Monday, 15 December 2008

Engage Advent Liturgy/Meditation

Here is a meditation we did tonight. Mark also did a great session on reading the Christmas story from the perspective of the oppressed. We all took on different characters to be as the story from Luke was read - A Guantanamo inmate, a trafficked woman, an asylum seeker, black slave, etc etc. It was amazing and we really benefited from the voices Robert Spooner and Tendero, a Zimbabwean asylum seeker (from ASSIST) - hey I would never have guessed in a million years the stuff Tendero brought to the story. Love it - different /global perspectives rock!

Anyway the med was partly, and totally gratefully, nicked from Iona and the phenomenal Cheryl Lawrie and a bit of me. Get it here and get the audio to play over the top here (thanks ubiquitous Sigur Ros and less so Ulrich Shnauss). Set off audio then launch slide show straight away to sync it.

So, if you were there tonight - what are you carrying with you from it? I'll kick off and please do join in sharing your reflections via the comments button below.

Look out for the next enagage F2F in Jan if you missed this one - muppet! :-)


DS said...

I am carrying -

Like what H said on slavery and it made me notice how my 'dislikes' re Xmas sounded like slavery ('must spend £XXX on presents' etc). It also made me notice the big time 2nd exodus stuff even in the Luke version we read. (find him wrapped and in manger (Moses echo? - doh never saw that one before!)

Also really noticed, from the perspective of the character i took on, the 'shame' narrative going on - or rather anti shame narrative. Mary = woman = shame, up the duff pre wedding = Shame, Beth = barren = shame, King born in stable and heralded by povo shepard’s = SHAME. Yet there is no shame at all, Shame is already being exposed for what it is - a means of exclusion to us = jack %$£* to God (maybe even a badge of honour). We are being liberated from shame from pre day one and he's only just getting started.

(Caution to self i am perhaps in my position as much shamer as shamed -i need to use my power carefully to unmask and heal shame not perpetrate it)

(oh just notices first point is tied to second! – shame of not matching up at Xmas = slavery – yikes! – remember Tendero saying how he liked to spend Xmas in the v poor Zim Villages as no one has any expectations and an old shirt received celebration to the heavens. Blessed are the poor in that way – I love:-(/hate my consumer chains. I would feel better to give something useful like a shirt – keep your eyes out for plans for a possible year of advent conspiring …..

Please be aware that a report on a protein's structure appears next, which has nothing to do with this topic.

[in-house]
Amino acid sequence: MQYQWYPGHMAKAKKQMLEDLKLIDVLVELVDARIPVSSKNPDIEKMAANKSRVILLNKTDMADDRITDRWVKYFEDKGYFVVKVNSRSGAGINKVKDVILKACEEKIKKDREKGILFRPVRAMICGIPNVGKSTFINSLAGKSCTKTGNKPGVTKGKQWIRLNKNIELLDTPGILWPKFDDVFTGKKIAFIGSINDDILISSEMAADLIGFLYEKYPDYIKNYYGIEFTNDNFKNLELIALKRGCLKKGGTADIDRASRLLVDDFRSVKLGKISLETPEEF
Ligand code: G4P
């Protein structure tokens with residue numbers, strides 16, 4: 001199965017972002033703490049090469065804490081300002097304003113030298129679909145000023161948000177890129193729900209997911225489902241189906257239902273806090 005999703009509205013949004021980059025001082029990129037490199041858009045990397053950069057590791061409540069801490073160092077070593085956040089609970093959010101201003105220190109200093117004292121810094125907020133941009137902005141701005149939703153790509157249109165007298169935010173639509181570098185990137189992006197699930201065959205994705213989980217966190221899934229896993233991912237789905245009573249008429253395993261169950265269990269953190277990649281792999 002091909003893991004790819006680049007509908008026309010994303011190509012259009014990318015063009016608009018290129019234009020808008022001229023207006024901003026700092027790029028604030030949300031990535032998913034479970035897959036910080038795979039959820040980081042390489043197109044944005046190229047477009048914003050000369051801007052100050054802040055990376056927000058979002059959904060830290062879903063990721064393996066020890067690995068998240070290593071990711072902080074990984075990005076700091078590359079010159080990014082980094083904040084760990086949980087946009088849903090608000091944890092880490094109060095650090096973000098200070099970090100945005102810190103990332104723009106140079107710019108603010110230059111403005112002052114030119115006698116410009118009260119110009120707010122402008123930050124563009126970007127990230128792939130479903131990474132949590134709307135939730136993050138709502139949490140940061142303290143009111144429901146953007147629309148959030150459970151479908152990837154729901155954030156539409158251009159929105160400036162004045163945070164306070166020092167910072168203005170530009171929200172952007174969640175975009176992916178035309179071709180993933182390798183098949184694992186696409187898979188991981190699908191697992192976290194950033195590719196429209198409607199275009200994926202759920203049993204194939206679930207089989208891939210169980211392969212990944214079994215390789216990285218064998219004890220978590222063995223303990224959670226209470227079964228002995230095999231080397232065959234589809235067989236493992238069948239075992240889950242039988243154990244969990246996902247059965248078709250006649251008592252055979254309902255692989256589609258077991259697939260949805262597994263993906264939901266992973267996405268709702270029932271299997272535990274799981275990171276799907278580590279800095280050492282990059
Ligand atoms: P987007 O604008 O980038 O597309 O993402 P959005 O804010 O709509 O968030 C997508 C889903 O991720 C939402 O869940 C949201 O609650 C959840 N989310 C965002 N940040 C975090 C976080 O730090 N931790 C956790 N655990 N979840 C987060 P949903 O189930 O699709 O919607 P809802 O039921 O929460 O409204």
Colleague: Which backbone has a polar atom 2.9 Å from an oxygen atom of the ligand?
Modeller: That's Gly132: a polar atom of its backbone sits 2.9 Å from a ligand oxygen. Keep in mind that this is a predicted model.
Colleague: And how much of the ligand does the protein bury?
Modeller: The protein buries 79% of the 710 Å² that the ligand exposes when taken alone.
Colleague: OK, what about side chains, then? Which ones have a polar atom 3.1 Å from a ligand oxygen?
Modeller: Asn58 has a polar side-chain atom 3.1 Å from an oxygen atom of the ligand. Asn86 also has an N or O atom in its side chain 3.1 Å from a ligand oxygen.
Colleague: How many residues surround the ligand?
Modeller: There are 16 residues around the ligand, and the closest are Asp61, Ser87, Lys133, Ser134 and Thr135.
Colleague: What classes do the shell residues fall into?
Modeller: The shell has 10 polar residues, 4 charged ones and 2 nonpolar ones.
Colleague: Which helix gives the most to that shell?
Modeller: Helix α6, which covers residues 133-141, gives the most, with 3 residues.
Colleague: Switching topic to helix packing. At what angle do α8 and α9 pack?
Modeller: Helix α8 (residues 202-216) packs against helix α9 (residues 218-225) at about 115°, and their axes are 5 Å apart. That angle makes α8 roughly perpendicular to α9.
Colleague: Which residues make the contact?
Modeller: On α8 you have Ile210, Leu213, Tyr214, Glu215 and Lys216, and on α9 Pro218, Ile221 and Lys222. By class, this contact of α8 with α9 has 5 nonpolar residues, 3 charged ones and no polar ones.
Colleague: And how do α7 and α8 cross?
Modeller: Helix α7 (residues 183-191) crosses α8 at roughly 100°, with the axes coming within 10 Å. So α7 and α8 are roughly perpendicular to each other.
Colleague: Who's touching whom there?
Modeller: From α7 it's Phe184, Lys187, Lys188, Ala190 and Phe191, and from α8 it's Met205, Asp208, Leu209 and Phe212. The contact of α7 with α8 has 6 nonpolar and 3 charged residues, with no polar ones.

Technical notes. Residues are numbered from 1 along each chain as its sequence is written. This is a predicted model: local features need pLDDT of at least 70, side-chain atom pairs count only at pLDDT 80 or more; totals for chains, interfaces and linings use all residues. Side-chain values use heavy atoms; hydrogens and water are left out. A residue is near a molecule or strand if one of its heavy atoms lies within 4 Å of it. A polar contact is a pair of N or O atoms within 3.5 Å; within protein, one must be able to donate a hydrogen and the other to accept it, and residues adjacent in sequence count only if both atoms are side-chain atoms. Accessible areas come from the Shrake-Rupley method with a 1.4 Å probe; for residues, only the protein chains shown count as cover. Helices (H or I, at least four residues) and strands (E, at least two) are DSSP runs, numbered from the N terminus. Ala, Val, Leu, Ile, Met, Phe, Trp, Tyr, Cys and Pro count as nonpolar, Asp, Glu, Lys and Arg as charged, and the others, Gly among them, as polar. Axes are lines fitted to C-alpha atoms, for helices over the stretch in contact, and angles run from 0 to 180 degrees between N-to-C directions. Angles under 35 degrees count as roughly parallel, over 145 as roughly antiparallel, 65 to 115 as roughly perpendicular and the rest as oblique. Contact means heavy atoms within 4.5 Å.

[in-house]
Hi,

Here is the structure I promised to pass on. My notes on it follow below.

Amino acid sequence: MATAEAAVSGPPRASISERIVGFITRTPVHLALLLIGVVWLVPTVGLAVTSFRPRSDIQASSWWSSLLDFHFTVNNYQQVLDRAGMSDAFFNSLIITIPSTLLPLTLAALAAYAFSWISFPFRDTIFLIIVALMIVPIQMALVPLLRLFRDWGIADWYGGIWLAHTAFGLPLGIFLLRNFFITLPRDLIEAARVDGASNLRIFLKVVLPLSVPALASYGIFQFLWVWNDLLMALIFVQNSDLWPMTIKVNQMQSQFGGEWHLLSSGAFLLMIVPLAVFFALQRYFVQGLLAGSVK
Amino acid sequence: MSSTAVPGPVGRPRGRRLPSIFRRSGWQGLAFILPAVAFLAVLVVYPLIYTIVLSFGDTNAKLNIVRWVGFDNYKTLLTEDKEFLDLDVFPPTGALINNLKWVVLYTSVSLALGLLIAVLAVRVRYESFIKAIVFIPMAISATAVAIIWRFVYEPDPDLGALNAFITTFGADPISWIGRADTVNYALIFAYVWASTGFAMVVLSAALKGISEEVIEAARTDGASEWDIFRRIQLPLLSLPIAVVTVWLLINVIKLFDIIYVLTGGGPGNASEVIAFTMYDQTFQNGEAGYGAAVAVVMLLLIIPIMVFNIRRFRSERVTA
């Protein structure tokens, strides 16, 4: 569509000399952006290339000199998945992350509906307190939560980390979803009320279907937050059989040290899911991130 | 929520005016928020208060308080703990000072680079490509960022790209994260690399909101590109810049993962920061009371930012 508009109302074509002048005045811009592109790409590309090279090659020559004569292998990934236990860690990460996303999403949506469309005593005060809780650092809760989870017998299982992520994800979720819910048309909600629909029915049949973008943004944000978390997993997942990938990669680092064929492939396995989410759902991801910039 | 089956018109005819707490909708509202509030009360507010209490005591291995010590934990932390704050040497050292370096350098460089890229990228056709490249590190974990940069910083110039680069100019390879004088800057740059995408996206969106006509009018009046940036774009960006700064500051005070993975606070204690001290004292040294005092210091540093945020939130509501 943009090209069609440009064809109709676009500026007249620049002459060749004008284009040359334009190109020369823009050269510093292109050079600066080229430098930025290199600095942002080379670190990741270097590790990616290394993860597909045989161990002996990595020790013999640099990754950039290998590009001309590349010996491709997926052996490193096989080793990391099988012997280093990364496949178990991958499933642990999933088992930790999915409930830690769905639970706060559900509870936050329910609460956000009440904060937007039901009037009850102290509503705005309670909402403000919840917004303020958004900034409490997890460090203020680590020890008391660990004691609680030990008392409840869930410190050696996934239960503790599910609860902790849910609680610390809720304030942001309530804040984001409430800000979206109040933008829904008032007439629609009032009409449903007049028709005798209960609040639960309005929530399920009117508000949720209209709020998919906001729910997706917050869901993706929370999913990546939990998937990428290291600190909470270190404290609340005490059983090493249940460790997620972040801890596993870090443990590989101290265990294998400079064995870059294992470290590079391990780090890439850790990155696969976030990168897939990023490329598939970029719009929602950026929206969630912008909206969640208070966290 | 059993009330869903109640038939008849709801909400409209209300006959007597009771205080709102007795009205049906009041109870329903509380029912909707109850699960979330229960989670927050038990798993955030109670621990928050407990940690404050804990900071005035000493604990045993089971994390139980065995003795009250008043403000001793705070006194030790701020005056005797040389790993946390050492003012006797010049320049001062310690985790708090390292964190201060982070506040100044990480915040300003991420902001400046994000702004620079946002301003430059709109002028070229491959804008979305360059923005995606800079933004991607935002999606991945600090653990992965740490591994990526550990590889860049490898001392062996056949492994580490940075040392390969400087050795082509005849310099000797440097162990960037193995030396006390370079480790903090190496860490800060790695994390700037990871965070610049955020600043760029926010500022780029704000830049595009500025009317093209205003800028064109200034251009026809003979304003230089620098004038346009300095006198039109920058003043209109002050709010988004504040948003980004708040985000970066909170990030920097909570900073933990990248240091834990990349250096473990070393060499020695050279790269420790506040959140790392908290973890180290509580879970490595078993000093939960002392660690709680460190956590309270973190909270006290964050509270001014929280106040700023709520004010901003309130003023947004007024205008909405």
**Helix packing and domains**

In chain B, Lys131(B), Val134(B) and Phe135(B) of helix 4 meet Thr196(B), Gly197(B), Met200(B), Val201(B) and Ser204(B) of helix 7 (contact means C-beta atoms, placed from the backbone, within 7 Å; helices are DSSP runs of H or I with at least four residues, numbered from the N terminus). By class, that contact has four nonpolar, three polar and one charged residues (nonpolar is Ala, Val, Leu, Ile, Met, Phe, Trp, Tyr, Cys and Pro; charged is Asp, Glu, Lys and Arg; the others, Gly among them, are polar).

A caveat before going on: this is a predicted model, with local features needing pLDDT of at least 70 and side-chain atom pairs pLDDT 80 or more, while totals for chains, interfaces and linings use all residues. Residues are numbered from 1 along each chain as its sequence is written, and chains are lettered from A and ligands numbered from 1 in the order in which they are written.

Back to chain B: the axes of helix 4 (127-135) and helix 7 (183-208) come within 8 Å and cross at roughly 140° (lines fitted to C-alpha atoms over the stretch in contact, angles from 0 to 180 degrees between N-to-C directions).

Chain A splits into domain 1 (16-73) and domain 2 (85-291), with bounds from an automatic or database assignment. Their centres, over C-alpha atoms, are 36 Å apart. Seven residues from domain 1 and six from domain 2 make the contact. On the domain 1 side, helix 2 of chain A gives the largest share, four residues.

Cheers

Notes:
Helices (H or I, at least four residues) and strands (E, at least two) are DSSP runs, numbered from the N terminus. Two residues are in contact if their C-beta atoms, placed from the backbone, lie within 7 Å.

How about you?

mark said...

Thank you, Schof, for your encouraging comments re my session - truth is I didn't lead it very well, but that didn't stop some good things coming out of it!

I too liked H's comment on Christmas as slavery. That is exactly what it is - slavery to expectations and commercialism. I'm pleased you didn't get the Moses echo before because I still don't get it - can you explain that one?

I also really enjoyed listening to Tendero & Robert's contributions. It was great to have an African voice.

For me, Christmas is about hope. Whenever a child is born there is that sense of anticipation, of new possibilities not yet realised. Its the same whenever something new arrives - Barack Obama starts his presidency - even when Blair began. But in the birth of Jesus the anticipation of unrealised hope reaches a climax in this single birth - it comes to represent the overthrow of the old way and the birth of a new one. It represents a turning of the tables and an in-breaking of God's kingdom into a dark and suffering world.

Most of these hopes are soon dashed on the rocks of reality almost the moment they are uttered. Think Blair after the Iraq war. No doubt such disappointment will attend Obama. What's more, I'm sure this same sense of disappointment accompanied Jesus too - where is this new kingdom? Where is the overthrow of the empire of death? And why does he die a shameful death before any of this is realised? Yet, these hopes were kept alive after his death (and still are) by that band of people called Christians. Today, still, those hopes that were articulated at his birth - the rich going away empty and the poor being fed - are being kept alive and being brought into reality... by us.

Let's not disappoint, but in some small way make the hopes of 2,000 years ago a reality today.